The role of study hall for student athletes
By Courtnie Martin, Sports Reporter
The first few weeks as a freshman can be quite overwhelming. How do I get to my classes? What books do I need? Did I get my U-Pass? How do I catch the SkyTrain from the New West campus to the Coquitlam campus? (You can’t.)
Not to mention, Jake Elder, strength and conditioning coach, is probably running your ass into the ground with workouts, you’re a bit sore, practices are four to five times a week, study hall is mandatory two hours a week, and you have to come up with money for team fees. Talk about overwhelming! Is it reasonable to believe that you can maintain a high level of commitment to both athletics and academics? Let’s be real: most of us athletes just want to do enough to be eligible to play.
Ask yourself this one question: “Why am I here?”
Rookie men’s volleyball player Matt Santema said, “I am only here to play. I got straight A’s in high school so I know I am capable, but really I just want to play… If people would just open their books, they could pass their classes.”
In retrospect, if you’re only here because you want to play, then your chances of being successful beyond college are slim. At Douglas College, it is required that you maintain a 2.0 GPA to compete. All rookies and any player with a GPA less than 2.4 must attend study hall. Academic coaches are available Monday through Thursday from 9 a.m. until 4 p.m. and Friday from 9 a.m. until noon. If players don’t complete two hours in that week, they are not eligible to suit up for the upcoming game, regardless of whether they have a qualifying GPA or not.
One controversial discussion that has surfaced the first few weeks of school is the mandated attendance at study hall for all rookies.
Rookie men’s volleyball player Devon Dunn said, “I don’t think study hall helps. The hours conflict with my classes and makes it difficult to get there. I would rather do my homework at home.”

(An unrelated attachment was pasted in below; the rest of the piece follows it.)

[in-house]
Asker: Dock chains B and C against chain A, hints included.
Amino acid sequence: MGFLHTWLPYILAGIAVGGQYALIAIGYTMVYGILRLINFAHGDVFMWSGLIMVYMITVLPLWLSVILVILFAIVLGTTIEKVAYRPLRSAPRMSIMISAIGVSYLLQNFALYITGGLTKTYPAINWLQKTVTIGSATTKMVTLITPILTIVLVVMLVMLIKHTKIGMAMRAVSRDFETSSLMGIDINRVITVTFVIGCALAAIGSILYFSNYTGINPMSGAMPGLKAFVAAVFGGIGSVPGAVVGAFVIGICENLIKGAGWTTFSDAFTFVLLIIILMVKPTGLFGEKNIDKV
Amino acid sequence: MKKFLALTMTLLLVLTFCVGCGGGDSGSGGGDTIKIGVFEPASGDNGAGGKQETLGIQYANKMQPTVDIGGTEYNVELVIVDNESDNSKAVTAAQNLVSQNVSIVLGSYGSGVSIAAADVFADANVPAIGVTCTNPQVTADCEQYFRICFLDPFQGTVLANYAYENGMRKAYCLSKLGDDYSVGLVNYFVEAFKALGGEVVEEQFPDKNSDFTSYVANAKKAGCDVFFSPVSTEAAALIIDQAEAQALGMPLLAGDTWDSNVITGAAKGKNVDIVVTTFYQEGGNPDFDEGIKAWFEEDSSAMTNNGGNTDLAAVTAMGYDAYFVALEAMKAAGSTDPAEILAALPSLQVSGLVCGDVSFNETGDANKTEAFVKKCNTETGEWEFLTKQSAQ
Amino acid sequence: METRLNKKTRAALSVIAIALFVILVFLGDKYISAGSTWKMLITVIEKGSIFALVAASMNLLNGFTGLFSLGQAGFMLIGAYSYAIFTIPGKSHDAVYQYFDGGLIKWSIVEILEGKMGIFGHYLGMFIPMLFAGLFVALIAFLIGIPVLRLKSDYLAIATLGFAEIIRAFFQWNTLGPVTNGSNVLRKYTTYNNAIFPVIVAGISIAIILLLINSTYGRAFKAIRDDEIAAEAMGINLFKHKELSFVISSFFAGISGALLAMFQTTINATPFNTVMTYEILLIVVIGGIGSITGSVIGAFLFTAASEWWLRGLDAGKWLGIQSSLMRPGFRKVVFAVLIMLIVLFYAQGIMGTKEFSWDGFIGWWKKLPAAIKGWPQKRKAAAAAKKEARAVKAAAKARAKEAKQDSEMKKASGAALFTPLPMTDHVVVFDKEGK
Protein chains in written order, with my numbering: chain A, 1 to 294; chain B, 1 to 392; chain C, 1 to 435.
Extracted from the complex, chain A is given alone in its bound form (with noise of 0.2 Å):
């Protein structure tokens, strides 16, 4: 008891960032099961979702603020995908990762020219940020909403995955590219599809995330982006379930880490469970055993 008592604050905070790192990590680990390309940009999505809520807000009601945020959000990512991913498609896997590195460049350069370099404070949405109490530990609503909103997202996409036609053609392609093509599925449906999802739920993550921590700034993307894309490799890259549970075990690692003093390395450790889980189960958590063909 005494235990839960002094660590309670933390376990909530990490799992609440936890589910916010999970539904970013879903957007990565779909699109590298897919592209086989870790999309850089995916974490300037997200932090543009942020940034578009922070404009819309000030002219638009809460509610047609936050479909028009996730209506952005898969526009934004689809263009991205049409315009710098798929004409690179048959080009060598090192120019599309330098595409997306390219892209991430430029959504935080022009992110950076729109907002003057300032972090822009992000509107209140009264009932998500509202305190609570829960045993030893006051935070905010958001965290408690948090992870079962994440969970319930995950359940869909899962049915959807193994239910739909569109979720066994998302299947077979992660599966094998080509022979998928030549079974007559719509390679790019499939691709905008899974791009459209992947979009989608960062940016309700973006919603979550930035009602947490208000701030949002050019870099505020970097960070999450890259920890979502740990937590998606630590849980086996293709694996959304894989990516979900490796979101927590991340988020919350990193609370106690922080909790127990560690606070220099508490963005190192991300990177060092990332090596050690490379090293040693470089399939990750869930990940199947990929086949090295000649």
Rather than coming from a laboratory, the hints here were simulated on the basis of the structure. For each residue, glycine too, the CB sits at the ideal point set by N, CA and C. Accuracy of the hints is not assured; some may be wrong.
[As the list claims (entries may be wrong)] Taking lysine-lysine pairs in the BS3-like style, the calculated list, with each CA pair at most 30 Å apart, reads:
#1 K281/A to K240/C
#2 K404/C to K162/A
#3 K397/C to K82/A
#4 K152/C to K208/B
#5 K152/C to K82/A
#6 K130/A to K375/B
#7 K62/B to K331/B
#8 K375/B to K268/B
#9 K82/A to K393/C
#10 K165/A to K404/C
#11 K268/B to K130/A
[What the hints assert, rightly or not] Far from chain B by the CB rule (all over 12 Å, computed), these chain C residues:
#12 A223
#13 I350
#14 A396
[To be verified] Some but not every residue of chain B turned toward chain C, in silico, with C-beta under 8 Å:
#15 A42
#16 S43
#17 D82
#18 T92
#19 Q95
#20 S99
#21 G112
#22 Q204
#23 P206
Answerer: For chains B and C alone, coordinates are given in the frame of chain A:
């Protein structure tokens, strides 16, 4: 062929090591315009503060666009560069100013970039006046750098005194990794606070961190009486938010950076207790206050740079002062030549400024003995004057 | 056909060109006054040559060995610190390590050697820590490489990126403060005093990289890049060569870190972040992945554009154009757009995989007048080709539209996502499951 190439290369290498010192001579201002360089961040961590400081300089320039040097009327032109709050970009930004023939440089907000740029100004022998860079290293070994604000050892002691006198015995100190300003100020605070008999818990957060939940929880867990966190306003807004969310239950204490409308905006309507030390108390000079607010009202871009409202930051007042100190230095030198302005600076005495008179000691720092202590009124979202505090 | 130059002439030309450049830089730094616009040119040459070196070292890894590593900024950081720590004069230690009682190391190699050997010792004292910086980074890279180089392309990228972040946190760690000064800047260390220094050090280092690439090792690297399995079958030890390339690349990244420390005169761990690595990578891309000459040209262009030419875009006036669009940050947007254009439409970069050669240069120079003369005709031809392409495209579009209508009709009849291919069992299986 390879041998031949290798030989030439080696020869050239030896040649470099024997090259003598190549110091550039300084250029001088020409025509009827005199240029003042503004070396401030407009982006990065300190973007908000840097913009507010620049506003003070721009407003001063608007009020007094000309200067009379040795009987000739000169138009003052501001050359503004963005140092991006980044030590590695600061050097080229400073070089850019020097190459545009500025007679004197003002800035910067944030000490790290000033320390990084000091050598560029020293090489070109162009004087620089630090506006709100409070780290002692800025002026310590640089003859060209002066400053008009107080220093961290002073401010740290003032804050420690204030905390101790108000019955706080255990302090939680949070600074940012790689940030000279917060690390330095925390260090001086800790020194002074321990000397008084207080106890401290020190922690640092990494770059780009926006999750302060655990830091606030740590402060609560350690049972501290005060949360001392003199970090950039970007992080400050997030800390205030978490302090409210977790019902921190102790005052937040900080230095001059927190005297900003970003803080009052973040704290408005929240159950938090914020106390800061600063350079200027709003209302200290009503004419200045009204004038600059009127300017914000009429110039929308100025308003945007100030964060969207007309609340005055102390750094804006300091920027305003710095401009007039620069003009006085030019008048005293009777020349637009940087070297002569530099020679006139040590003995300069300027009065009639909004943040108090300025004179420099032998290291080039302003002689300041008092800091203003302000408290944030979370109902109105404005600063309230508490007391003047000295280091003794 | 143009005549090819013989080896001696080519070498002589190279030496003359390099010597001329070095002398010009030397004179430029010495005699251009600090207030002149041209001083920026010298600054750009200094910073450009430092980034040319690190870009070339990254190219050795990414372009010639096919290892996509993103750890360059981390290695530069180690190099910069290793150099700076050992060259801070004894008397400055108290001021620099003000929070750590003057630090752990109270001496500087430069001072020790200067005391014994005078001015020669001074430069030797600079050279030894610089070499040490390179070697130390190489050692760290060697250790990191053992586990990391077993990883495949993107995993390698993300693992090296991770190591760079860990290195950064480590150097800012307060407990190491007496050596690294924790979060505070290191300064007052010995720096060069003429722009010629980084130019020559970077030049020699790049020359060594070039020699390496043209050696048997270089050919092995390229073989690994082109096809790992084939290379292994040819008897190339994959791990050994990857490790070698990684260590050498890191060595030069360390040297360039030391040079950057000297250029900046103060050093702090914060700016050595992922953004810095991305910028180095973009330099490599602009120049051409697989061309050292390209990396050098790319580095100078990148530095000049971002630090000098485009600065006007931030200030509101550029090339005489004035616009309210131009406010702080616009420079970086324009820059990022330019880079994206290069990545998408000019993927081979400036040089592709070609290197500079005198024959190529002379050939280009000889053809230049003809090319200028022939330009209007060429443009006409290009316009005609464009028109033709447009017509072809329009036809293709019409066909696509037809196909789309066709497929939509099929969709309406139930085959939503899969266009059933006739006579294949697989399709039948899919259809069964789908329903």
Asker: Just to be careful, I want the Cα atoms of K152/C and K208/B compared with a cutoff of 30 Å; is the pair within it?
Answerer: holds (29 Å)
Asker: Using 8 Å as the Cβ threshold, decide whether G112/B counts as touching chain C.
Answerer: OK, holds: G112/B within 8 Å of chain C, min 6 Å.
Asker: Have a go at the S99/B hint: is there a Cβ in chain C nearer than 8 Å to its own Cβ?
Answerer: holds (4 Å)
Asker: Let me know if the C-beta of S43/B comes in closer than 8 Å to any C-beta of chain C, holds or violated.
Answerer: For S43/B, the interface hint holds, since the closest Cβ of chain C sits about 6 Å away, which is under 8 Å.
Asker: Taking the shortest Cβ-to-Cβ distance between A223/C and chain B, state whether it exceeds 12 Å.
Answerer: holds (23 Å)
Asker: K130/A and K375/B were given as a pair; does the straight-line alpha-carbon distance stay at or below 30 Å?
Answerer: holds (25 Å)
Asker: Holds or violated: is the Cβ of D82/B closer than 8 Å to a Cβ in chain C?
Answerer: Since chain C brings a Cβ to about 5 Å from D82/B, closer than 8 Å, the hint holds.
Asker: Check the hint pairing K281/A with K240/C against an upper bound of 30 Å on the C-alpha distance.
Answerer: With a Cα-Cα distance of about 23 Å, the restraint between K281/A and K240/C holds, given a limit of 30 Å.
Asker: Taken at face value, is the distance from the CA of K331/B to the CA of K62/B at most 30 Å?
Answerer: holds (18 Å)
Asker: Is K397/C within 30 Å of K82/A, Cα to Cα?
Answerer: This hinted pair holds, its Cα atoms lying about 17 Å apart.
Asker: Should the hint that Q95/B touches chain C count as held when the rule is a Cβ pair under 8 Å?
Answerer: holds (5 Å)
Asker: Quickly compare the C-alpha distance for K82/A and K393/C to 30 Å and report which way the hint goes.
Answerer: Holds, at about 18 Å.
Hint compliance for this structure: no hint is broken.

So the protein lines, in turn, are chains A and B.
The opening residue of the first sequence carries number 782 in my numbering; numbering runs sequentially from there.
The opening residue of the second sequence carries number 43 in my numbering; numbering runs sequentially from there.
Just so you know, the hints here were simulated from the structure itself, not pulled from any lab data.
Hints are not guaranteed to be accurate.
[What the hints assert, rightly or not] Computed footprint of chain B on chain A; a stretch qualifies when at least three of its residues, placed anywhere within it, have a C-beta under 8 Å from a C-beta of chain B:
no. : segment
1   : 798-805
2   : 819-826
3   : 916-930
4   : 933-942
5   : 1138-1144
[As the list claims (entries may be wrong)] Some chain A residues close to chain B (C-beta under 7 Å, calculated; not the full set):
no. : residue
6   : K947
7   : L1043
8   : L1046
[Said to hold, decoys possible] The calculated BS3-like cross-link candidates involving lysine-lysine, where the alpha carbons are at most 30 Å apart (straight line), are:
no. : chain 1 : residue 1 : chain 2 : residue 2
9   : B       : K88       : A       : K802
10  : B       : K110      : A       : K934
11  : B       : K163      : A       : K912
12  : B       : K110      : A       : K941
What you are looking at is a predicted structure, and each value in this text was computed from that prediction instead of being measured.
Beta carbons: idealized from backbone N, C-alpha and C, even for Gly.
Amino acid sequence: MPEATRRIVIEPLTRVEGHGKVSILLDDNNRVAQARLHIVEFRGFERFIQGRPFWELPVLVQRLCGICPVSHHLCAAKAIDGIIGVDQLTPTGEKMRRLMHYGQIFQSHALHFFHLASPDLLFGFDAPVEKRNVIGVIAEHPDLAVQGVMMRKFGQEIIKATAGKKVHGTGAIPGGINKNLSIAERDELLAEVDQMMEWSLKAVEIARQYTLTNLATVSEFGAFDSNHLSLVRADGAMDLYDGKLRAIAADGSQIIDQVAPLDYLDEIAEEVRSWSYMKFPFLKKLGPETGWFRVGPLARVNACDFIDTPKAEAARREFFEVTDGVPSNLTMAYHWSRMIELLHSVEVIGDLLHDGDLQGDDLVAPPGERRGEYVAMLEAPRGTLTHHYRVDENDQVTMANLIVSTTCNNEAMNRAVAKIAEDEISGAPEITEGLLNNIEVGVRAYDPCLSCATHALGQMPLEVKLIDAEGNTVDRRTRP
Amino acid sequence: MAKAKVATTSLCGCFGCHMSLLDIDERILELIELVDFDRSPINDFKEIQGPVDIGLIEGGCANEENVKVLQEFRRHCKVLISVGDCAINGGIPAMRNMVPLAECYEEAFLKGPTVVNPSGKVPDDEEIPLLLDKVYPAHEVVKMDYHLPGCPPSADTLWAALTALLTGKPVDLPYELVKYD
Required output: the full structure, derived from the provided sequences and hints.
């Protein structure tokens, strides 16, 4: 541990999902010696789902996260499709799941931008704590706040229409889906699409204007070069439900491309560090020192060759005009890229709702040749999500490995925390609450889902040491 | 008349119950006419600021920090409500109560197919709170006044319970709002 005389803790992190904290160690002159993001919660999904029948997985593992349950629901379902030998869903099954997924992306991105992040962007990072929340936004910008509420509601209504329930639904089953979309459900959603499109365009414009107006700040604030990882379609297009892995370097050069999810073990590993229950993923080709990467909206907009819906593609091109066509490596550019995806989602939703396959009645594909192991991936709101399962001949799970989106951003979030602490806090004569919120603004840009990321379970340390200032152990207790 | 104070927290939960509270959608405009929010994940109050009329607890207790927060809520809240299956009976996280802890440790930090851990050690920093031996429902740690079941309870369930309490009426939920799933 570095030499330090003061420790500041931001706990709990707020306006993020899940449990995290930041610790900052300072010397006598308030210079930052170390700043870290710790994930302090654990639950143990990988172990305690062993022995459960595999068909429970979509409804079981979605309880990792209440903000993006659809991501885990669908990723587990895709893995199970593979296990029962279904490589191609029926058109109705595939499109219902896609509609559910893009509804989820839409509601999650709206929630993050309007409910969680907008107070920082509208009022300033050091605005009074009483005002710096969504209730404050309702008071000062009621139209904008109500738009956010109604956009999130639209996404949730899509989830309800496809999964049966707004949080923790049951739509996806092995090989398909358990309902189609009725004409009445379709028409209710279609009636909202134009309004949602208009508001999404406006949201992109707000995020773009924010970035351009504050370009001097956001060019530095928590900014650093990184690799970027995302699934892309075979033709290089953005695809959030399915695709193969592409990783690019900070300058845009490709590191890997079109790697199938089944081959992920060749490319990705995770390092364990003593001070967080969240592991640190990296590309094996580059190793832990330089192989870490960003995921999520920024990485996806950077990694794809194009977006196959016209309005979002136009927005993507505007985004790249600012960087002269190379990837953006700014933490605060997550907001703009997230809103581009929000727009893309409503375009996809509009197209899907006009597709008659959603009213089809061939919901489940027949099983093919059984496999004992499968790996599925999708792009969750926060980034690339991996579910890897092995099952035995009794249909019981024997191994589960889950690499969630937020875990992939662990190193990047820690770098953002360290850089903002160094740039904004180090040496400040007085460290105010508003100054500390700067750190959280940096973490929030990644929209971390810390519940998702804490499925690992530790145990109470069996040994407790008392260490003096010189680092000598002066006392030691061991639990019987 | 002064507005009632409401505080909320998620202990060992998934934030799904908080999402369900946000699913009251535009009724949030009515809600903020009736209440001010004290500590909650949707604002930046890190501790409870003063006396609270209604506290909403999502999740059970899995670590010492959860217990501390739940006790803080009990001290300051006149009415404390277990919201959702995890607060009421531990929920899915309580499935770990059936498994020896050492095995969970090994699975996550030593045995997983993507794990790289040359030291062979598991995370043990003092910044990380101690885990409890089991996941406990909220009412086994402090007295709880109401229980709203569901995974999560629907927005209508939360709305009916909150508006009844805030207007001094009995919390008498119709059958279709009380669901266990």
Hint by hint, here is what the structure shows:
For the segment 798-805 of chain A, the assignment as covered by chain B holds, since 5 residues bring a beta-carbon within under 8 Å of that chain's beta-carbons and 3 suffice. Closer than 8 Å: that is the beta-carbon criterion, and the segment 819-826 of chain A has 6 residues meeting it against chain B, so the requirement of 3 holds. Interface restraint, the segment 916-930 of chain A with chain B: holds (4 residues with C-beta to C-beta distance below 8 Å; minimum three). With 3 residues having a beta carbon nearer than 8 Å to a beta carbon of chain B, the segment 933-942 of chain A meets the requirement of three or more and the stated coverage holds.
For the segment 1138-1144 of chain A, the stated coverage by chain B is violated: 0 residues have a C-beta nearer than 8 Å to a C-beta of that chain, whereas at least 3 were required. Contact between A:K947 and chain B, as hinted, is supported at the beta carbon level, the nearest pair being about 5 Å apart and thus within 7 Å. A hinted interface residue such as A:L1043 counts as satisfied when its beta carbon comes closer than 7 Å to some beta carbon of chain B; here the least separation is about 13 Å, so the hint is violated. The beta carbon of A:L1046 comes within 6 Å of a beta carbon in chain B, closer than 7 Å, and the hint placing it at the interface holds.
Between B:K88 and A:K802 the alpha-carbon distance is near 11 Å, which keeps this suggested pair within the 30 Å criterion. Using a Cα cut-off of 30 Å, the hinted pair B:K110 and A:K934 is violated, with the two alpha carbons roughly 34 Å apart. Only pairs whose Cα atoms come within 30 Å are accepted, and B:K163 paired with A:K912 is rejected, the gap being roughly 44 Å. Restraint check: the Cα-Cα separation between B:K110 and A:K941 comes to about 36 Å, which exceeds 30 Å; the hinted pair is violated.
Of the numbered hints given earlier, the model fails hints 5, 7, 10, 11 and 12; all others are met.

On the flip-side, women’s volleyball rookie Madison Burt said, “I have a hard time balancing studies and athletics; study hall is a huge help for me.”
Acknowledging that you’re a student first and an athlete second is very important. Once you have done so, it is vital you learn time management. Women’s basketball team freshman Amber Beasley said, “I found that using my calendar in my cellphone really helps me with practice times, homework due dates, tests, workouts, game schedules, and day-to-day reminders.”
After interviewing several rookies, it seemed necessary to ask an academic coach for an official position on the mandatory attendance.
Women’s basketball and academic coach Curtis Nelson was passionate in his response: “Do I think study hall improves student-athlete grades? Yes, absolutely I believe it does.” According to Nelson, since the inception of study hall three years ago, not only has the average GPA of Douglas’ student athletes risen, but the average GPA of a Douglas student athlete is actually higher than that of a regular student.
He also spoke to the dedication of the academic coaches to the program. “We provide more than just a room to study in. Because the academic coaches get to know each of the players personally in study hall, and we also have great relationships with the instructors here at Douglas, we can bridge the gap a bit, and work with everyone to help track each player’s academic progress.”
As a testament to the success of study hall, Nelson noted that other colleges and universities in BC and across Canada have been contacting Douglas for help with their own student athletes.
Responding to some students’ complaints about the mandatory time in study hall, he said, “Some [National Collegiate Athletic Association] NCAA schools require two hours per day, or even more. So to complete two hours every week here at Douglas is something that is quite easy to do. Just like working out, if you say, ‘I’ll do it when I have time,’ you will never make time to get it done. But if you know you need to make the time, you carve that out in your schedule and it becomes part of your regular routine.”
Two major things can prevent any student athlete from reaching their maximum potential, and one is procrastination. First-year softball player Kelsey Hari admits her procrastination prevents her from getting higher test scores: “I am a huge procrastinator. Although the class sizes are small and Douglas is a great transition from high school, I still procrastinate. If I learn to use my time better and stay off of social networks I know my grades will improve.”
Secondly, save the partying for a well-deserved night. If you are struggling with your classes but your friends want to hit the town, you should probably prioritize what is important. As a student athlete you are held to high expectations, and with or without study hall, procrastination and not maximizing your potential successes will ultimately only hurt you.